Cannabis and Multiple Sclerosis: We Talked Methods of Consumption, Strains and Cannabinoids Ratios With Clark French
In the first of our series examining medicinal cannabis case studies we caught up with Clark French, a cannabis activist and founder of United Patients Alliance. He’s been treating the symptoms of multiple sclerosis with cannabis since he was diagnosed in 2010. We had a chat with him this week to find out how he goes about it, what advice he would give to others in the same boat and how it allows him lead a more comfortable life.
Hi Clark, when did you start using cannabis to treat the symptoms of your MS?
Well, I did use cannabis before I was diagnosed with MS anyway. At the weekend, when I was consuming cannabis with my friends I wasn’t feeling as ill. I noticed that it was really helping me and I decided that I wanted to consume more of it.
How does it help to reduce your symptoms?
In every way – the pain is the worst thing with me; I have a symptom called MS Hug which is a shooting pain all across the right side of my chest. That’s been there 24/7 for about six years now. It’s horrible. Cannabis doesn’t take it away but it reduces it. Say if I have a pain rating of six or seven, it will go down to a three or something like that. It makes it much more manageable and allows me to be able to do something with my day.
What sort of responce did you get from your doctor when you mentioned the therapeutic effect of cannabis?
Most heath care professionals are onside; they understand. My GP understands and would give me Sativex [the first legal cannabis-based medicine in the UK]; my MS nurse is also quite understanding and wants me to have Sativex; my neurologist is the same. I’ve also been to California and had recommendations from two doctors who argued that I would benefit from consuming cannabis.
Do you take Sativex?
No, I would have it if I could be prescribed it because then it would be on my record that I would have been prescribed Sativex – I’d feel a bit more comfortable about using cannabis. But I would still rather consume cannabis in its different forms than Sativex because it’s not very nice.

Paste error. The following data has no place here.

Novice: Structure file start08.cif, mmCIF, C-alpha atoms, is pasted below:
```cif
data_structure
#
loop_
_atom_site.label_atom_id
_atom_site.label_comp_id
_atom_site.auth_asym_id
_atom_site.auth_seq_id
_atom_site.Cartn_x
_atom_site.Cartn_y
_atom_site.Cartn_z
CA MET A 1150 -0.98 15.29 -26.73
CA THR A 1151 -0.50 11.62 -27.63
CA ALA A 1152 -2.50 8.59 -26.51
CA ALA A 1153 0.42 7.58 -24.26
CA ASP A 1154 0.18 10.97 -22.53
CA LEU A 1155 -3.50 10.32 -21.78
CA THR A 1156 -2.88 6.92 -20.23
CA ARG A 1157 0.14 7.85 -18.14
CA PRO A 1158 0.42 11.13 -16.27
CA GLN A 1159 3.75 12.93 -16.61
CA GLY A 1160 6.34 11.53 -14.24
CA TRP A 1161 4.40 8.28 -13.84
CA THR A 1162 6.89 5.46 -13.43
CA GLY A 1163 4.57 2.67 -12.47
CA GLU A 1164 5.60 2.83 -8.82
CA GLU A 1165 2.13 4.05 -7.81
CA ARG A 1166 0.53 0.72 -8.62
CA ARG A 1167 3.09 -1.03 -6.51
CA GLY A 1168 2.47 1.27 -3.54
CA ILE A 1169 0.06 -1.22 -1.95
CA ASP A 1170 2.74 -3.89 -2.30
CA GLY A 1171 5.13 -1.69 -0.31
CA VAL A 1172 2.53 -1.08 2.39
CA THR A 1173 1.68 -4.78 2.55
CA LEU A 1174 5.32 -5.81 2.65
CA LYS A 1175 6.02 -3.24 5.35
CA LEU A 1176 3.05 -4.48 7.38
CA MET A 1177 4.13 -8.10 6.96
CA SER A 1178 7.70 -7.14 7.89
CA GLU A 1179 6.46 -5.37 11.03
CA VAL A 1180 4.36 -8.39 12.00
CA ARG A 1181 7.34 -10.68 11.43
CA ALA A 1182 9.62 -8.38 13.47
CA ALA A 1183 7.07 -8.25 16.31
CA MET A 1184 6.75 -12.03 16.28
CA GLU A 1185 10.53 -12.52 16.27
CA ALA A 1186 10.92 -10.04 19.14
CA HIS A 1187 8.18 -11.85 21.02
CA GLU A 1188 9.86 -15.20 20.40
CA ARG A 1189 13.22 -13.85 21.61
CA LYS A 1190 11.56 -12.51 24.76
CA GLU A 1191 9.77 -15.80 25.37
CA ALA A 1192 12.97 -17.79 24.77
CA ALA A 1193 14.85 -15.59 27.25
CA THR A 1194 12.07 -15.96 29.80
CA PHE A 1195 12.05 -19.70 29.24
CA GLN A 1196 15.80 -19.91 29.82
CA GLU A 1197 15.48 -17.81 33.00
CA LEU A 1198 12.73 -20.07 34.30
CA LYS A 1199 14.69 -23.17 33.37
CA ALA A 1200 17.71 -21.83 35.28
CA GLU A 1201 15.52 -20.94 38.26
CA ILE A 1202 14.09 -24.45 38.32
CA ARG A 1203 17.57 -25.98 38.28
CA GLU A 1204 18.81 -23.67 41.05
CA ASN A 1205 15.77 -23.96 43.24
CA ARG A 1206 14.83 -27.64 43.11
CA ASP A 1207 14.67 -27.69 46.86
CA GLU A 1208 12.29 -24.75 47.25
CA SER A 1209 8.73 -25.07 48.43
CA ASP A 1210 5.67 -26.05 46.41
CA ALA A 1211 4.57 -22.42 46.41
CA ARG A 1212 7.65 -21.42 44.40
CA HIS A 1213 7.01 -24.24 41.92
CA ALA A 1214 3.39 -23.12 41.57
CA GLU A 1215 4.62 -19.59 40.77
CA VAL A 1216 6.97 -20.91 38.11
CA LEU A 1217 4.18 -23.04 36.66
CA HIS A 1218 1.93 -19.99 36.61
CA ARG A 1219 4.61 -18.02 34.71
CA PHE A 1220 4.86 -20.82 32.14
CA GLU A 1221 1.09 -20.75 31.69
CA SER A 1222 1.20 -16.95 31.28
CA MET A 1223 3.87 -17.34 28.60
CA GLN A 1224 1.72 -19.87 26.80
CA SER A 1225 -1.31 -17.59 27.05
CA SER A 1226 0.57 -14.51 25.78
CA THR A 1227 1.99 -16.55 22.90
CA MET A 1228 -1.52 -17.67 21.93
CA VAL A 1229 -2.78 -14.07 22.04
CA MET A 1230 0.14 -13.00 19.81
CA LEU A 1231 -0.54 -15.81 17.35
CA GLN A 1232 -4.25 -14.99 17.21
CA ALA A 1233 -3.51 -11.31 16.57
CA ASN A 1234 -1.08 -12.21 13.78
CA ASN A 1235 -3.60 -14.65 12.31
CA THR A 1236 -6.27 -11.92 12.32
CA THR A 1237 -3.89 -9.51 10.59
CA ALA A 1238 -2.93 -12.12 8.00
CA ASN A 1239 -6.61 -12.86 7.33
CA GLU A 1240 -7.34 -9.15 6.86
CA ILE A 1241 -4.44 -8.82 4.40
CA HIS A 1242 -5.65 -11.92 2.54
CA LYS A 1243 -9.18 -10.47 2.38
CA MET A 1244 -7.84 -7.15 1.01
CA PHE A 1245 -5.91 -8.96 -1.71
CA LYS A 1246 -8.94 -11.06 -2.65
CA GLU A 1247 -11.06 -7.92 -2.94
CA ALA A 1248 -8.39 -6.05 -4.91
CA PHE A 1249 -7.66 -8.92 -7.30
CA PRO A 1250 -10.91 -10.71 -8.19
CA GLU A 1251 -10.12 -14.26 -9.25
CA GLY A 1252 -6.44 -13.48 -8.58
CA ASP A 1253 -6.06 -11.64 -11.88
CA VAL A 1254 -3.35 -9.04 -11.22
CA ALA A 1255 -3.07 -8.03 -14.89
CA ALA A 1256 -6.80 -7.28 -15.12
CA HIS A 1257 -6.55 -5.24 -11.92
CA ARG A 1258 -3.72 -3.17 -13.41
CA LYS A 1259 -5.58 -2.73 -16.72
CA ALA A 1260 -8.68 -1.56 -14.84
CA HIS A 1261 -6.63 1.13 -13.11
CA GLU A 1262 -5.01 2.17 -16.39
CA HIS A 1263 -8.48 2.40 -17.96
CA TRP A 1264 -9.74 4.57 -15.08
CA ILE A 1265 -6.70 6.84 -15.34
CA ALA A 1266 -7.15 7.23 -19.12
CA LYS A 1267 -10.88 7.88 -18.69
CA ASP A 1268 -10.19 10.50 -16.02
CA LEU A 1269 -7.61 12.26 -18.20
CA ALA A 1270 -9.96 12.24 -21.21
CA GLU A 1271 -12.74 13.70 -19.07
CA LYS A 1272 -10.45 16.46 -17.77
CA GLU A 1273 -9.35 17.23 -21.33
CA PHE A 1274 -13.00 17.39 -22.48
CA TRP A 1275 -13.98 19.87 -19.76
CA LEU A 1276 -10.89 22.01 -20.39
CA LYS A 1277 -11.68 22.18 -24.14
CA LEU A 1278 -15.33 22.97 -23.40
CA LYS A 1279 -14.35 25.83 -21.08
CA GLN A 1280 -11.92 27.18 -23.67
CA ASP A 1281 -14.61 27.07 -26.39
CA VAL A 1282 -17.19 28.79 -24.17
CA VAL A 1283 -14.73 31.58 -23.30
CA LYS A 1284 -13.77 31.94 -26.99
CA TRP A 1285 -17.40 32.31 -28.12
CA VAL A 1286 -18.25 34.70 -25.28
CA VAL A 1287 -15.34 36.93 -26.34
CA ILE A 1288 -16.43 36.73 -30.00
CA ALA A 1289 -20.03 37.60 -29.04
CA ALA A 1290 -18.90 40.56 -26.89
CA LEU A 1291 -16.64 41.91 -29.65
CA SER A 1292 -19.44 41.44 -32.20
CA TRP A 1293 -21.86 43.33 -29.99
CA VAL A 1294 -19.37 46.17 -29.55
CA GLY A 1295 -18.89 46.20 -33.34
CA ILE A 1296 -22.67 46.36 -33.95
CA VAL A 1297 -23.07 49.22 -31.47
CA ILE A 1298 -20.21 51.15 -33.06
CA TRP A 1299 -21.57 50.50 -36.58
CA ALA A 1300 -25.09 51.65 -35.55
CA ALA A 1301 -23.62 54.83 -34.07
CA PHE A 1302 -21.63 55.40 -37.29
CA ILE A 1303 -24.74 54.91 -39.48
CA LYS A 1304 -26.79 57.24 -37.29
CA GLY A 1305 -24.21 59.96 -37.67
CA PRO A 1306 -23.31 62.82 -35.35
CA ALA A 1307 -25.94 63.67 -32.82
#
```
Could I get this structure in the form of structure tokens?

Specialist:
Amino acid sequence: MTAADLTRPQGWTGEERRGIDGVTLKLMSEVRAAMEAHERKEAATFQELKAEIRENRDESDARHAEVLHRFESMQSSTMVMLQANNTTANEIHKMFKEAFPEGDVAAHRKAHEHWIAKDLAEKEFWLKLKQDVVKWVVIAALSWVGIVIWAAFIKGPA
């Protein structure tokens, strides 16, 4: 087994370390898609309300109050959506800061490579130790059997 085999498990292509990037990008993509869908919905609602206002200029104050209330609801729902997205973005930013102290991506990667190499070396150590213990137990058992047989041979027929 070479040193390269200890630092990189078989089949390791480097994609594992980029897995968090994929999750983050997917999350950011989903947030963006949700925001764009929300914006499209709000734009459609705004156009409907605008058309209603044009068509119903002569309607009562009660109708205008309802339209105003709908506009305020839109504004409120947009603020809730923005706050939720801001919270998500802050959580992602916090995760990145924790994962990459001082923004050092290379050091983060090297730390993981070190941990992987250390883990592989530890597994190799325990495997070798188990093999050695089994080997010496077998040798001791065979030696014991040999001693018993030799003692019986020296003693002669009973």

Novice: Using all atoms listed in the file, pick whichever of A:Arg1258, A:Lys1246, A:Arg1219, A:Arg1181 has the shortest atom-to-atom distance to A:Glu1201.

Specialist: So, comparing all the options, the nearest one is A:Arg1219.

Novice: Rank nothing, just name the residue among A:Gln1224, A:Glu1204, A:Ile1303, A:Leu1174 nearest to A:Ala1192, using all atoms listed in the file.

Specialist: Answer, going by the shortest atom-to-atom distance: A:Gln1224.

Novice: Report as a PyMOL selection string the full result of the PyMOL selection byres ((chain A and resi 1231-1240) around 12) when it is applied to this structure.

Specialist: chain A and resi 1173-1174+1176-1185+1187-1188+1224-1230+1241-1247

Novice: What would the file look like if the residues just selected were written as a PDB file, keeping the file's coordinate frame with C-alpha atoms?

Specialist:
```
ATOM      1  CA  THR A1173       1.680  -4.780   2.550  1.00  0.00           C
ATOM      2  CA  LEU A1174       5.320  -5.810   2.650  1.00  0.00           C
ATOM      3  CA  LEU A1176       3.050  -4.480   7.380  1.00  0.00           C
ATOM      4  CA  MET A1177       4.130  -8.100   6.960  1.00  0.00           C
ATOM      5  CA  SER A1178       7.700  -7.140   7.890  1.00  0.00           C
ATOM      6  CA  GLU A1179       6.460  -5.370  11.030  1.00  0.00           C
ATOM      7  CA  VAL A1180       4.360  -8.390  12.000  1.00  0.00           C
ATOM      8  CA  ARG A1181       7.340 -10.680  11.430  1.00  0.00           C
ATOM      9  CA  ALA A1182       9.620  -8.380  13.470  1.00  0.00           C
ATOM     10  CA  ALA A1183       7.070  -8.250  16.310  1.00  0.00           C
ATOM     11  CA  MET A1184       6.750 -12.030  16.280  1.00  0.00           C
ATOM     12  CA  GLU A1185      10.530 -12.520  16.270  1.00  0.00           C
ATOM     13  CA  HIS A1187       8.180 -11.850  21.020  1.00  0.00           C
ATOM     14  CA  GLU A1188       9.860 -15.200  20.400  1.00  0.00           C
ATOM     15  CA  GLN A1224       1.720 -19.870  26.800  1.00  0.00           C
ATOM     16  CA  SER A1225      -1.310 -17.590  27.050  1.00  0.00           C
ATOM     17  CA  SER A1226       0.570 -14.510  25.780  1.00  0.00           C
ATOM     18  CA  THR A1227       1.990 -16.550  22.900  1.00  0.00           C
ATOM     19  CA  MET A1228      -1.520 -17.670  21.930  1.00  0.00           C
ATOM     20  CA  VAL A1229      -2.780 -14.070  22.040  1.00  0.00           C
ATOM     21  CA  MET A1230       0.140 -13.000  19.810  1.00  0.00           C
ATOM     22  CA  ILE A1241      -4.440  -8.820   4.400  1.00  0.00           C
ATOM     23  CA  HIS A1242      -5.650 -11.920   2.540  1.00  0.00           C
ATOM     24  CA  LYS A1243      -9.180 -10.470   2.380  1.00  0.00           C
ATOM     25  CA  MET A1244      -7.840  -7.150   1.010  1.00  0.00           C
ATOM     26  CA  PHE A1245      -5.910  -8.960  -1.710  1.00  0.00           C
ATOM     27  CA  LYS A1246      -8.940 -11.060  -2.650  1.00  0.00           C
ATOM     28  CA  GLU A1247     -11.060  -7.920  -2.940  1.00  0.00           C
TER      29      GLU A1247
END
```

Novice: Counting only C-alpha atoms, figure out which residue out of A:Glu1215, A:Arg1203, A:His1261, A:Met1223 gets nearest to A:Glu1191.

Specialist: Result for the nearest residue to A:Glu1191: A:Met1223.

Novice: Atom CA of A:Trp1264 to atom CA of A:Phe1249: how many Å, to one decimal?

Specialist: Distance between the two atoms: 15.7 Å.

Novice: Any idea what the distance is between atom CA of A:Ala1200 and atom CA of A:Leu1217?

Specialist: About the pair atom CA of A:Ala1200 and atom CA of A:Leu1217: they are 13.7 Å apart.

In what way is it not nice, Clark?
It burns; it can leave sores and ulcers in your mouth. It’s one of the least pleasant ways of consuming cannabis. Sativex takes a great thing [cannabis] and makes it into a horrible thing that you wouldn’t really want to do. People dread it; they don’t want a burning sensation in their mouths.
What do you think about GW Pharmaceuticals?
I think that it’s good that there is someone doing the research that they are doing, that’s really positive. But GW are obviously more than happy to go down the route of saying ‘it’s not cannabis it’s THC and CBD – but it is cannabis, it is cannabis extract that anyone could make. So, I think the research into how different cannabinoids can help different illnesses is a positive step, but I don’t agree with them [GW] having the only legal product i.e. a monopoly.
What’s your preferred method of consuming cannabis?
Vaporising, purely for the fact that when you vaporise it you get instant relief. Eating it takes an hour to kick in but when you vape it, it kicks in as you exhale.
What do you think of these CBD products that have come onto the market recently?
I’ve tried the CBD tinctures and they’re just basically a result of cannabis being illegal in this country. They wouldn’t be around – or the price they are – if cannabis was legal. Also, I do think that a lot of the time you would need a balance of the different cannabinoids. Just CBD isn’t usually enough. There are people out there who say it helps them a lot, which is great, but it’s not for everyone and it isn’t for me.
What’s the ideal ratio of THC to CBD for you?
It all depends what you’re looking to get out of it. Each ratio will treat a different condition but for me personally I need quite a high level of THC. The THC helps a lot more with pain than the CBD does. It also helps with my bladder problems a lot; if I have THC on a regular basis I do not have any problems with my bladder. But if I do not have access to THC, and just take CBD, I can start to wet myself again.
What strains have the best therapeutic effect for you?
It varies from patient to patient and from condition to condition – as well as what you’re doing in the day – but the strain Casey Jones (which is a sativa dominant strain) I like because it’s really good for pain. For the evening I also really like Purple Afghani which is strong so it’s really good for pain and it’s also good for helping you sleep.
Has your medicine ever landed you in hot water with the law?
No, it hasn’t. I’ve had issues with living situations and I’ve definitely been stigmatised for it but fortunately I’ve never been prosecuted.
How do you take you medicine on holiday with you if that would involve going through an airport?
I can only go on holiday to places where I know I can get medicine. But, luckily there are many places I can go where that is the case.
What advice would you give to an MS sufferer who is considering using cannabis to alleviate their symptoms?
Listen to your own body and don’t let anyone else tell you it doesn’t work when it does. But it might not work for everyone because everyone’s different.
What’s your message to the politicians who are denying people medicine that’s proven to be useful?
Listen to the science; listen to the patients who are suffering. That’s all you need to do.
Thanks for speaking to us Clark.
Photo Credit: Clark French via Facebook
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